Assembly on Literature for Adolescents of NCTE
Photo by Don Gallo
Francisco X. Stork, shown here speaking at the 2011 ALAN Workshop, was among authors whose books were removed from classrooms in Tucson, Arizona.
Photo by Don Gallo

ALAN Online News - April 2012
I've knocked the first waves of pollen off the back porch, and as I write this, birds chorus while the sun slips in and out of clouds. It's spring.
It's also bittersweet. Communities affected by 2011's wave of natural disasters - tornadoes, floods, hurricanes - begin now to mark anniversaries of those days that changed their world. My awareness of the long-term effects of such disasters has grown in the last few months. My daughter in Ringgold, Georgia, was fortunate that the tornado that destroyed much of the town a year ago missed her house. My son in Minot, North Dakota, was not so lucky when flood waters swept through in June. He and his family are finally back in their home after months of repairs. For both Nick and Kat, wreckage and recovery have become part of their landscape, something impossible to grasp through photographs and videos alone. The scale of the damage was incredible.  

Schools and libraries in places like Ringgold, Minot, Joplin, and Tuscaloosa are rebuilding their collections of books. Some have already moved back into renovated buildings, while others meet in alternative sites while awaiting the opening of a new school. Educators have comforted students whose families were affected, while coping with their own personal losses. How have teachers and librarians met these challenges? What happened in the initial wake of the disaster and what efforts continue today that ALAN members may assist with?

In this newsletter we have what I hope will be the first of several updates from communities who are rebuilding. Tracy Windle of Tuscaloosa describes what happened April 27th, 2011 and how schools are coping. If your community is among those rebuilding and you'd like to share your story about progress to date, please email me at to include that information in future newsletters.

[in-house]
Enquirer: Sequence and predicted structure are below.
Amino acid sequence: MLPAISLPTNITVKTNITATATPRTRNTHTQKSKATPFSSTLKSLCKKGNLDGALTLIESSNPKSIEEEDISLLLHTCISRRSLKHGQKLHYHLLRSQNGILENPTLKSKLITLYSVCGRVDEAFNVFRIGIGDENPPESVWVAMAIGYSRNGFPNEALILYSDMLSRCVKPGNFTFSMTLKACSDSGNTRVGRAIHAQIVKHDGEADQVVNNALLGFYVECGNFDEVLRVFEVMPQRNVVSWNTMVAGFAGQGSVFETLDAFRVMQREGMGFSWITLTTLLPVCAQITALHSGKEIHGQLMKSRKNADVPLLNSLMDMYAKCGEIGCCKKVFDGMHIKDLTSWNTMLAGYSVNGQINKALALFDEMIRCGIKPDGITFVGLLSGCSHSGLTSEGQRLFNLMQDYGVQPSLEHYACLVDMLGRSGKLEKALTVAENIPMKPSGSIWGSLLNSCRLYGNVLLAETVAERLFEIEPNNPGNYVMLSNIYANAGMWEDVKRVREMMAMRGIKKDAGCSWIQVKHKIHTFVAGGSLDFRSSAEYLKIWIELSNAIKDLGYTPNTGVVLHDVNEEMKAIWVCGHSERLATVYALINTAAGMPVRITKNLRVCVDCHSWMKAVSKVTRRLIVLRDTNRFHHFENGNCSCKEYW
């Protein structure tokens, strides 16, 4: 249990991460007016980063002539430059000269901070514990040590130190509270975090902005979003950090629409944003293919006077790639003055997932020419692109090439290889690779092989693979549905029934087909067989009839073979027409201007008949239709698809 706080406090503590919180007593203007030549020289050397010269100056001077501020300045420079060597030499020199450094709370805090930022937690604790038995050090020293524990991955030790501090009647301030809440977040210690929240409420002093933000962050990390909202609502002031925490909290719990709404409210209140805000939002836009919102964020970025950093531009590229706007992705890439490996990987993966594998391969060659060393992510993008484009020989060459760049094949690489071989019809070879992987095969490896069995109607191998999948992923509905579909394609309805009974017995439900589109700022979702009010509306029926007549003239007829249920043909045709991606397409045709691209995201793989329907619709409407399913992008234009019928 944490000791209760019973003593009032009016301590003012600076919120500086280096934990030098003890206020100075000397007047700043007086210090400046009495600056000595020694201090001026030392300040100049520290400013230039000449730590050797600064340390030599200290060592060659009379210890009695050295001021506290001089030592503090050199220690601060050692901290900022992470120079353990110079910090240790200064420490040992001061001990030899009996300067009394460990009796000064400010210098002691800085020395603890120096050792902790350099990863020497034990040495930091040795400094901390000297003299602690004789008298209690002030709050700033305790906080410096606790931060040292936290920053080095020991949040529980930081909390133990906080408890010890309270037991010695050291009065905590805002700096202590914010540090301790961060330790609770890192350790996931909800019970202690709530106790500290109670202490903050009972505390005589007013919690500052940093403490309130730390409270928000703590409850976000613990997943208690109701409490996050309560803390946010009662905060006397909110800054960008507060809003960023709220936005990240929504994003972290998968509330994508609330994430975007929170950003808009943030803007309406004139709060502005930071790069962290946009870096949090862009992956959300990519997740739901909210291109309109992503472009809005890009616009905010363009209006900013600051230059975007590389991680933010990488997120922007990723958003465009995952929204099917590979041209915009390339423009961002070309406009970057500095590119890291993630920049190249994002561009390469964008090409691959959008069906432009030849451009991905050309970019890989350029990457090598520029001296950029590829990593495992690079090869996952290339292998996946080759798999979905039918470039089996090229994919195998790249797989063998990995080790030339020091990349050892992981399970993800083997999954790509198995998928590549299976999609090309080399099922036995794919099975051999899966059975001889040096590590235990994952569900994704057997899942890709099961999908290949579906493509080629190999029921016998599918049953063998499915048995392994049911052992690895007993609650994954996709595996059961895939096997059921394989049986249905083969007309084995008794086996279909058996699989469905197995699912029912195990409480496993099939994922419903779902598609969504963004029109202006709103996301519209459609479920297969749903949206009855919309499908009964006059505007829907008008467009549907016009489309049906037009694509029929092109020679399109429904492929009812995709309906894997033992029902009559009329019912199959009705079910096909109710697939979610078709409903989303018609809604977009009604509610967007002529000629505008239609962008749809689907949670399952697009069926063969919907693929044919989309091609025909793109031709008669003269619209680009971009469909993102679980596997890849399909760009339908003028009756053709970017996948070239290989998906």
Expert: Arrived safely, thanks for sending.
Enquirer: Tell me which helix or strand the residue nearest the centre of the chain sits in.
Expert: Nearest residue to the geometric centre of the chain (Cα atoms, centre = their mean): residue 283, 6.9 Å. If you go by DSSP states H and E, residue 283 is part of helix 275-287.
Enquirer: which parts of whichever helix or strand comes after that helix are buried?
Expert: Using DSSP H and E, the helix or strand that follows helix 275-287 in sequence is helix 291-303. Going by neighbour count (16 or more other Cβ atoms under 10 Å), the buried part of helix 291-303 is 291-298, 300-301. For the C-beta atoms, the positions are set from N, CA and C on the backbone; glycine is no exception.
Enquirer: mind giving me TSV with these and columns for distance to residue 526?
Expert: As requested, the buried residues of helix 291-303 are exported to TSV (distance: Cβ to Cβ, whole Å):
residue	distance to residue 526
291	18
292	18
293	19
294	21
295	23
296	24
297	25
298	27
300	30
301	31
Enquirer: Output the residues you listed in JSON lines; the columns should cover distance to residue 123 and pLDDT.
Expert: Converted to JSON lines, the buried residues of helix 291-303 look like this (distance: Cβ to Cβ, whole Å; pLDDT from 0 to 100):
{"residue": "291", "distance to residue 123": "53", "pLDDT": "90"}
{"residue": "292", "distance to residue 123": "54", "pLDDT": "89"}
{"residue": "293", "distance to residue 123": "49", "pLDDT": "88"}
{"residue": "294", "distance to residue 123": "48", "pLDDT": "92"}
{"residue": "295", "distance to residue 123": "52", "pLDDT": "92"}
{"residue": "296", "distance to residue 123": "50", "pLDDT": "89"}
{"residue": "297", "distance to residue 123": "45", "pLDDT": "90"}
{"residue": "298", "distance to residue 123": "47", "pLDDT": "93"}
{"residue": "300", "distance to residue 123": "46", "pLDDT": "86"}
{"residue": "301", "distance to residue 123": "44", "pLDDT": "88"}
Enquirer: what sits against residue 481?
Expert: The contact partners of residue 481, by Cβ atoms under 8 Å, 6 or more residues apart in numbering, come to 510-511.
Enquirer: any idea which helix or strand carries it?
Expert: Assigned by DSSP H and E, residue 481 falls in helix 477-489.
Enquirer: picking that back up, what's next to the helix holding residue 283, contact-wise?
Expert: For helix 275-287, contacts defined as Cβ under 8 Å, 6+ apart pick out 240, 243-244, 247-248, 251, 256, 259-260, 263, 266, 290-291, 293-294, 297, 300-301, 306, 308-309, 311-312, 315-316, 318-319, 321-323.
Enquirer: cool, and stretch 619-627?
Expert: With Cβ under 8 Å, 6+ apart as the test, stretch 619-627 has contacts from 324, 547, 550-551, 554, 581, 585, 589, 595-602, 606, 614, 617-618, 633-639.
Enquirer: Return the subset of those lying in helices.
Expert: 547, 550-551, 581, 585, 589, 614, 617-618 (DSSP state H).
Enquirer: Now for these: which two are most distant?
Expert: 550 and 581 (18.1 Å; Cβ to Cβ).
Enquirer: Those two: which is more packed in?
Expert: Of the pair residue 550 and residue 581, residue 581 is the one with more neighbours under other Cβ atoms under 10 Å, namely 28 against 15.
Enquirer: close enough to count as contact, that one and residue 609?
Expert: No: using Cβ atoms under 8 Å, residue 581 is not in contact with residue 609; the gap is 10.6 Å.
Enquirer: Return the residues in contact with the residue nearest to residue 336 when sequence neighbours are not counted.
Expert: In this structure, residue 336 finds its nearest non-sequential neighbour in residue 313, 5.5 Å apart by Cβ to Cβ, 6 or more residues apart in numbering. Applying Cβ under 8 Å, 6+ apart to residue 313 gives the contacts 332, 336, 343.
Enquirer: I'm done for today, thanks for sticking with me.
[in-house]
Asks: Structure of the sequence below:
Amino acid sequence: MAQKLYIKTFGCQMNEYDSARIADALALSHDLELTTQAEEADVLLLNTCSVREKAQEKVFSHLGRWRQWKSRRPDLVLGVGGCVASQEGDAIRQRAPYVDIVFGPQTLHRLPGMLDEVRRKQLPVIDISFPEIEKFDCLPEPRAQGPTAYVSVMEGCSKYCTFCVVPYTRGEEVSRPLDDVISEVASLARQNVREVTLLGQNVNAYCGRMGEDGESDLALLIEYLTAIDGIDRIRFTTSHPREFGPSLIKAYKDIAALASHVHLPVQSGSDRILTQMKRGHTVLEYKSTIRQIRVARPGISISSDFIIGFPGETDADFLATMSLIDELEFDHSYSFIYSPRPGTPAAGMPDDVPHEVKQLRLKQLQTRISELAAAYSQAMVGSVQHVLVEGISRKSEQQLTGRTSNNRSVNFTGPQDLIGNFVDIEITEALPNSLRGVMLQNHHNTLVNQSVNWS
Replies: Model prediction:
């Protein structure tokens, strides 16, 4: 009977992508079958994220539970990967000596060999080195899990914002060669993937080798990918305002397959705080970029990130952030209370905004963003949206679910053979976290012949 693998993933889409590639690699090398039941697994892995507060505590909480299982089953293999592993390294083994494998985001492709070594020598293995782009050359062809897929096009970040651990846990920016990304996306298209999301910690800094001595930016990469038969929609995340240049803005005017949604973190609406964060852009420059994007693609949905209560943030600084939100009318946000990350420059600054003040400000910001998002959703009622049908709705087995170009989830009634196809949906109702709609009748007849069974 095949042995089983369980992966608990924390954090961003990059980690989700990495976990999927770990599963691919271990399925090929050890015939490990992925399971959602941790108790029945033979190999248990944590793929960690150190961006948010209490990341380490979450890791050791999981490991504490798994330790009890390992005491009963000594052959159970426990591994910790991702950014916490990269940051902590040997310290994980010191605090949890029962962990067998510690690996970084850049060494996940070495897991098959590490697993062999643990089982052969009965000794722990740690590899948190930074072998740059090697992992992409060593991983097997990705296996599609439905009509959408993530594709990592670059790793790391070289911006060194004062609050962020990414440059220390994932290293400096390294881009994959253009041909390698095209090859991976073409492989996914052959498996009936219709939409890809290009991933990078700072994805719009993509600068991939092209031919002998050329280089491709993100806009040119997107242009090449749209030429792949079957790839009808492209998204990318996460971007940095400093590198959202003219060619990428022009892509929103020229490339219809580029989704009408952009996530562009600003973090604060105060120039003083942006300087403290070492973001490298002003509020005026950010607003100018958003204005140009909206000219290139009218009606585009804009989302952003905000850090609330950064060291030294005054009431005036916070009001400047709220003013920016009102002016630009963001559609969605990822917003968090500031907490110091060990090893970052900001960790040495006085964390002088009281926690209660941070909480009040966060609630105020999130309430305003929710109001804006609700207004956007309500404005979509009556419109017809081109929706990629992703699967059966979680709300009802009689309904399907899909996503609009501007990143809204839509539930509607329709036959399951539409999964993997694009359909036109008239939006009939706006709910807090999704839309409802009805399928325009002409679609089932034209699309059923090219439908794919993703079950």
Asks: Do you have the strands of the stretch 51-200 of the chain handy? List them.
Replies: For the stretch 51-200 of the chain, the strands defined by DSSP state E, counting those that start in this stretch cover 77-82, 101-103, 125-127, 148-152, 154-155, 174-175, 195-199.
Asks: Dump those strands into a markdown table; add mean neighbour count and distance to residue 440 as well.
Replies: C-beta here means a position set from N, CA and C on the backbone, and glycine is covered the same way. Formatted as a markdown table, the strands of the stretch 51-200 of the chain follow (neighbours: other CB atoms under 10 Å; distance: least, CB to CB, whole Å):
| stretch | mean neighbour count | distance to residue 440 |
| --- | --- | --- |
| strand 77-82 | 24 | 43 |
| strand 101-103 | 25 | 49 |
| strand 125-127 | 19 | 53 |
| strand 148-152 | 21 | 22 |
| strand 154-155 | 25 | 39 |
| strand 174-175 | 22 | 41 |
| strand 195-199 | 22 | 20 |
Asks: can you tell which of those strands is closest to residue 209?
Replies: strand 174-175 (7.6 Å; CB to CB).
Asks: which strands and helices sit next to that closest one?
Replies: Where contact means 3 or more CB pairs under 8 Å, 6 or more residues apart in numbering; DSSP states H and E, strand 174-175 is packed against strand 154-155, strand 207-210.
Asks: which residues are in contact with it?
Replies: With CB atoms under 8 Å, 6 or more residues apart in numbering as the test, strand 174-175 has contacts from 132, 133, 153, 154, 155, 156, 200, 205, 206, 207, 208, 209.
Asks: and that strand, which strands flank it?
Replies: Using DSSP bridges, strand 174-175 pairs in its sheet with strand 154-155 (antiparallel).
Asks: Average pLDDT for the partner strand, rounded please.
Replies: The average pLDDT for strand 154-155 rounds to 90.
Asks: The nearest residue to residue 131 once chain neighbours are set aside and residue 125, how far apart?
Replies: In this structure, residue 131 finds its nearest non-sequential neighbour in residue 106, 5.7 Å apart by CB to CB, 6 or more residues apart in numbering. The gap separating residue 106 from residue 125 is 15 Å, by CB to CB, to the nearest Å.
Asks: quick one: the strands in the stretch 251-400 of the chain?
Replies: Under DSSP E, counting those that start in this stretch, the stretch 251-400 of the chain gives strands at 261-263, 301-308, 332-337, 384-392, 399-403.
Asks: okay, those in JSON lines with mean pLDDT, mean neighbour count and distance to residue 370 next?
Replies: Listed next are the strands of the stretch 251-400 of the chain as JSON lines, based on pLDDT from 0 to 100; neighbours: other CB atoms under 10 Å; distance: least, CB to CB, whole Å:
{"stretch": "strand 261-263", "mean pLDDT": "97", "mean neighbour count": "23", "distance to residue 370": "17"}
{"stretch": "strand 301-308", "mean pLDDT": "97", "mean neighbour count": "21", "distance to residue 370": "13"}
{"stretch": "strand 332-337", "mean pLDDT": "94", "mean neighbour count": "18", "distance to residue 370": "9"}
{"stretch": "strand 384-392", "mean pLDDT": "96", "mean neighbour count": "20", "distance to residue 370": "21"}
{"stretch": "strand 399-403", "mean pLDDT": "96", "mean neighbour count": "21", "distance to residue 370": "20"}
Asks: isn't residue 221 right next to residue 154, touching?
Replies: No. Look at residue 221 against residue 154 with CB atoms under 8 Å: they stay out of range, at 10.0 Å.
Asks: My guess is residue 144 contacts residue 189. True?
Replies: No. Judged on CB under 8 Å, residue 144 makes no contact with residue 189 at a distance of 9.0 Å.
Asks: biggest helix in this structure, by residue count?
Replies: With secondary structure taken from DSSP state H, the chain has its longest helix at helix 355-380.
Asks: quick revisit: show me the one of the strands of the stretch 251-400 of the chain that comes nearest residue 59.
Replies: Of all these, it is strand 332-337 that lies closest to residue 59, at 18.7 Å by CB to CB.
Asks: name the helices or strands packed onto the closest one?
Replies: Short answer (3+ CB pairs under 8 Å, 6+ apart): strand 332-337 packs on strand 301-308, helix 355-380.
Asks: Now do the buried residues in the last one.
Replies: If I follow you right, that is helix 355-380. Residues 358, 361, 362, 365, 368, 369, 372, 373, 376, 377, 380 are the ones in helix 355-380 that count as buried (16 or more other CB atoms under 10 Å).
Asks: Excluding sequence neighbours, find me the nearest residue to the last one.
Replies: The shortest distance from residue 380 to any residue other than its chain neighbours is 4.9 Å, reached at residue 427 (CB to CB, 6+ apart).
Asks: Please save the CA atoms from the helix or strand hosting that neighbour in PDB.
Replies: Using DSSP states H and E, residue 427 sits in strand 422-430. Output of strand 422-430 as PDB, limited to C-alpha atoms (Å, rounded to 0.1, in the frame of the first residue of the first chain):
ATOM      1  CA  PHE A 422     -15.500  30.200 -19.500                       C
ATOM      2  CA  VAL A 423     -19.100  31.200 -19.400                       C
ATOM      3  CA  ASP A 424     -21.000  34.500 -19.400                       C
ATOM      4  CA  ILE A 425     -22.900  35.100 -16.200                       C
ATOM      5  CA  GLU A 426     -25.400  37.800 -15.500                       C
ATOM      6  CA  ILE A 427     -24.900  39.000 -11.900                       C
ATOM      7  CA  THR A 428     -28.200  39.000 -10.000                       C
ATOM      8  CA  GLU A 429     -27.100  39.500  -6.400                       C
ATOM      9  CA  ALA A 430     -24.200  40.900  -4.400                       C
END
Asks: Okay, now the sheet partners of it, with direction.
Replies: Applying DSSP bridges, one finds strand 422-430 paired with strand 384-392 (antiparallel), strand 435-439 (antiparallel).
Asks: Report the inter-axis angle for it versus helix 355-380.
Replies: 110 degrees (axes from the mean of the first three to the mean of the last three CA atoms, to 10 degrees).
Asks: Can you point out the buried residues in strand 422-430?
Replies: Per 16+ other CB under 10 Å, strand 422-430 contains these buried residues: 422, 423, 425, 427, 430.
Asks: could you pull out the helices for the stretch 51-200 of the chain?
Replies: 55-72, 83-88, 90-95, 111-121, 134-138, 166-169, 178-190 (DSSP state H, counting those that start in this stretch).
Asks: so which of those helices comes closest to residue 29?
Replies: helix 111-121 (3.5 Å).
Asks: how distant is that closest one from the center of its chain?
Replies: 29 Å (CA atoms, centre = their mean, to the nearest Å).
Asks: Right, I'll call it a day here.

Anne McLeod, Editor

ALAN Online News 


In This Issue
ALAN Workshop 2012
Update on Arizona
Speak Loudly Column
Candidate Slate
The View from Tuscaloosa
Grant Deadlines
YA and Popular Media
Spotlight on a Member: Ebony Thomas
Like us on Facebook
Recruitment for ALAN
Don't forget to encourage your colleagues to join. Here's a   Membership Form  to help.
ALAN 2012 Workshop November 19-20, 2012
Make Reservations Now at MGM Grand in Las Vegas
As ALAN  members have come to expect, the 2012 ALAN Workshop, Reaching Them All: ALAN Has Books for Everyone, in Las Vegas this coming November, is filled with authors: Teri S. Lesesne, Benjamin Alire S�enz and Lois Lowry will each present in an individual author spotlight. In addition, 58 other authors on fourteen panels will speak from the main stage. For the first time ever, an Authors Only Breakout Hour on Tuesday afternoon will offer a total of 30 more authors!

The Monday morning kickoff speaker is ALAN's Executive Director, Teri S. Lesesne, aka Professor Nana, aka author of Making the Match: the Right Book for the Right Reader; Naked Reading: Uncovering What Tweens Need to Become Lifelong Readers; and Reading Ladders: Leading Students from Where They Are to Where We'd Like Them to Be, aka Professor of Library Science at Sam Houston State University, aka blogger extraordinaire at With the workshop theme, Reaching Them All: ALAN Has Books for Everyone, could there be a more perfect inspirational speaker? Teri will delight the audience of 500 teachers, librarians and teacher educators and get them in the mood for more!

Monday afternoon features Benjamin Alire S�enz, author of Aristotle and Dante Discover the Secrets of the Universe, a tender telling of a friendship that begins with two high schoolers, Aristotle and Dante, and spreads to include both of their families. His other books include Last Night I Sang to the Monster, Sammy and Juliana in Hollywood, and He Forgot to Say Goodbye. S�enz also has several bilingual books for younger readers. He has received the American Book Award and teaches in the MFA program at University of Texas, El Paso.

Late Tuesday morning, Lois Lowry will tell us how she brings together her new character Claire, from her latest book, Son, with Jonas and Gabriel from The Giver and Kira from Gathering Blue. The Giver won the Newbery Medal in 1994 and has impacted several generations of readers. Now, 18 years later, she takes us back into her magical prose.
The 2012 workshop will follow ALAN's long tradition of bringing you outstanding authors who write specifically for teens. On Sunday night, publishers will graciously host an author reception where workshop participants socialize with ALAN authors, and there are many of them.